Home Leadership Thoughts from the C-Suite Brand aid: a down economy is no time to cut marketing
Brand aid: a down economy is no time to cut marketing PDF Print E-mail
Written by Dustin S. Klein   
Wednesday, 31 March 2010 16:16

When times are tough, one of the first things many executives pull back on is their company’s marketing budget. That’s long been a standard response when CEOs hunker down and move from “business as usual” to survival mode.


Unfortunately for those short-sighted executives it’s a move the often causes more harm than good.


It’s been proven that those executives who have committed money for advertising and marketing – read:  invested in their brand – during recessions have come out stronger and in a better competitive position than those organizations that chose to hack that line in the budget.


But much like in politics, when money is on the line reason often goes out the window.


Over the past few years I’ve taken a special interest in the idea of “branding.” Call it a hobby; it’s not really an obsession. I think it started by chance one day maybe six or seven years ago, when I was reviewing the annual list of most valuable brands and saw the value of the Coca-Cola brand, along with that of Nike, and realized brands really were an investment in one’s business rather than an expense.



When I speak with executives, many agree with my viewpoint. But I rarely see them mirror their opinions with a match of their checkbooks. I’d be interested to audit the books of many of our readers to see how many say they believe they should be investing in their brand when times are tough and how many really follow through.


A few days ago, I was visiting with the CEO of a local IT and technology training company and the subject came up. She mentioned that she founded her company in 1991, during the last real recession. Lori DeVore was selling computer hardware at a time when President George H. W. Bush was struggling with the decision to raise taxes to combat the recession (a move that ultimately cost him re-election), and proving naysayers wrong who felt she was nuts to start a business.


“I’ve been through two recessions now,” she told me. “And in both cases, I decided to make investments when everyone else was pulling back.”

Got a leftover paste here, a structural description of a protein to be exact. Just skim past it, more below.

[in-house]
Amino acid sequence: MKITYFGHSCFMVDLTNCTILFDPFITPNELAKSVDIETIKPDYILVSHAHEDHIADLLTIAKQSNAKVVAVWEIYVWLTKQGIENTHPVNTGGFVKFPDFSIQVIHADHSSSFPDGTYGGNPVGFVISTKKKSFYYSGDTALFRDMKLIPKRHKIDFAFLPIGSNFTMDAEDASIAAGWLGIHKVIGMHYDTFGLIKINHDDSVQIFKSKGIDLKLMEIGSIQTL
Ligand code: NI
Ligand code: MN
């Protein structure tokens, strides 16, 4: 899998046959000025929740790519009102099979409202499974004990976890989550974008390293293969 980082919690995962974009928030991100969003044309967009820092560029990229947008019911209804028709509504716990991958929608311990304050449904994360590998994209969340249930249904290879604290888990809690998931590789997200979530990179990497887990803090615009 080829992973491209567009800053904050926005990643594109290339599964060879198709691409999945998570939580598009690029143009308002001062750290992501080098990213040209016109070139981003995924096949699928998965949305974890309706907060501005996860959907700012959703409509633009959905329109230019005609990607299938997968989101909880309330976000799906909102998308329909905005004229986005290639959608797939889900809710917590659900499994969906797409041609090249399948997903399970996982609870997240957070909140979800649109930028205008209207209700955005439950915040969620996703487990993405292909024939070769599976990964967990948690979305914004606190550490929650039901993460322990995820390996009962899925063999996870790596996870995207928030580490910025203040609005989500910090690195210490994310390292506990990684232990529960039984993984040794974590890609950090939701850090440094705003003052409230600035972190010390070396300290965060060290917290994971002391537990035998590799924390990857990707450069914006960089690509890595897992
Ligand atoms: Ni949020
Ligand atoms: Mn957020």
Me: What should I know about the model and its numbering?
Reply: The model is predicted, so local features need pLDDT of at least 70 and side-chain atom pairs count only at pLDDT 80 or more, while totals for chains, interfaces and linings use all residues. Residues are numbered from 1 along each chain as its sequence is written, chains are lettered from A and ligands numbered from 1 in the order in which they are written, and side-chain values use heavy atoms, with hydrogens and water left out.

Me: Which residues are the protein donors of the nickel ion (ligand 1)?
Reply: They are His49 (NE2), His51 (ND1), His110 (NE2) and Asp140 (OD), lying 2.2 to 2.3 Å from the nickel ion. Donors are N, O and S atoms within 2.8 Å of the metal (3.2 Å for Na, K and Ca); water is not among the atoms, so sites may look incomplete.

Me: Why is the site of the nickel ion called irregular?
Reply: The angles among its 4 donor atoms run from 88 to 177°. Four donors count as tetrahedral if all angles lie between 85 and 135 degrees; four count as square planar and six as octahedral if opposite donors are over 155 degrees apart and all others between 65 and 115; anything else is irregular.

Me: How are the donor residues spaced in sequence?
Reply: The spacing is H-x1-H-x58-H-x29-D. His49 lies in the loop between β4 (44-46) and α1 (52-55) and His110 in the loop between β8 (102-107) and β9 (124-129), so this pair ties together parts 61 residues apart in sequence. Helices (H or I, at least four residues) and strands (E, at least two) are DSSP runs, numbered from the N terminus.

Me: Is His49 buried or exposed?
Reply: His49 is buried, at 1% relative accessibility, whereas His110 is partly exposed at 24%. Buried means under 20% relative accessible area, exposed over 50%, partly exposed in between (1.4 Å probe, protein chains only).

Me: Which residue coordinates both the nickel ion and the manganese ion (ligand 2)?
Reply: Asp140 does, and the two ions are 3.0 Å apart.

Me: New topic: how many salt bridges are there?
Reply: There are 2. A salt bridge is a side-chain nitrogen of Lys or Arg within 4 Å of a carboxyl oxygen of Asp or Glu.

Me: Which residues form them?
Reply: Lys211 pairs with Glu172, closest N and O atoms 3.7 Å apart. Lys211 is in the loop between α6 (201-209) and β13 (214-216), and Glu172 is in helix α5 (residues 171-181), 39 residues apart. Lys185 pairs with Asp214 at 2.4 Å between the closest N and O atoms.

Most recently, DeVore bet on herself, investing close to a $1 million last year to move into a new Beachwood headquarters, upgrade technology and facilities for her company, DeVore Technologies, and step up her marketing efforts to garner new clientele.


Among her investments was a complete rebranding effort, jettisoning her company’s signature “D” brand for a three-D concept that looked cleaner, more technologically savvy and communicated a three-pronged message of “Diversified” “Dedicated” and “Devoted.”


This type of investment makes sense, according to Daymond John, founder of urban clothing manufacturer FUBU, and star of the hit TV show “Shark Tank.”


I had the opportunity to chat for about an hour with John a couple weeks ago about branding, in advance of an April release of his new book, The Brand Within, on the subject.


John and I spoke at length about why there are two key brands that require investments – personal brands and corporate brands.


“Having a strong brand, whether corporate or personal, always creates a halo effect,” John says. “A lot of time that’s the only thing that separates you from everybody else. So for example, in a tough time like this, when everybody is holding their purses and wallets very close to them, the people they will end up spending the money on are the brands they are comfortable with because the brand is portrayed as something that gives them a comfort level.”


If you’re still not convinced about the power of brands and why it’s an investment not a cost, don’t take my word for it. Trust the word of Shelly Lazarus, global chairman of powerhouse Ogilvy & Mather. I spoke with Lazarus in late 2009 and posed the question directly.


Her answer: “If you spend money during a recession, you can come out ahead. Those companies and brands that invested through this (recession) will come out stronger and ahead of their competitors.”


‘Nuff said.


Dustin S. Klein is executive editor of Smart Business Network, where he is responsible for all things content-related. His most recent book, Stella’s Way, is sure to provide a healthy dose of inspiration. Reach him at This e-mail address is being protected from spambots. You need JavaScript enabled to view it


Last Updated on Friday, 09 April 2010 13:20

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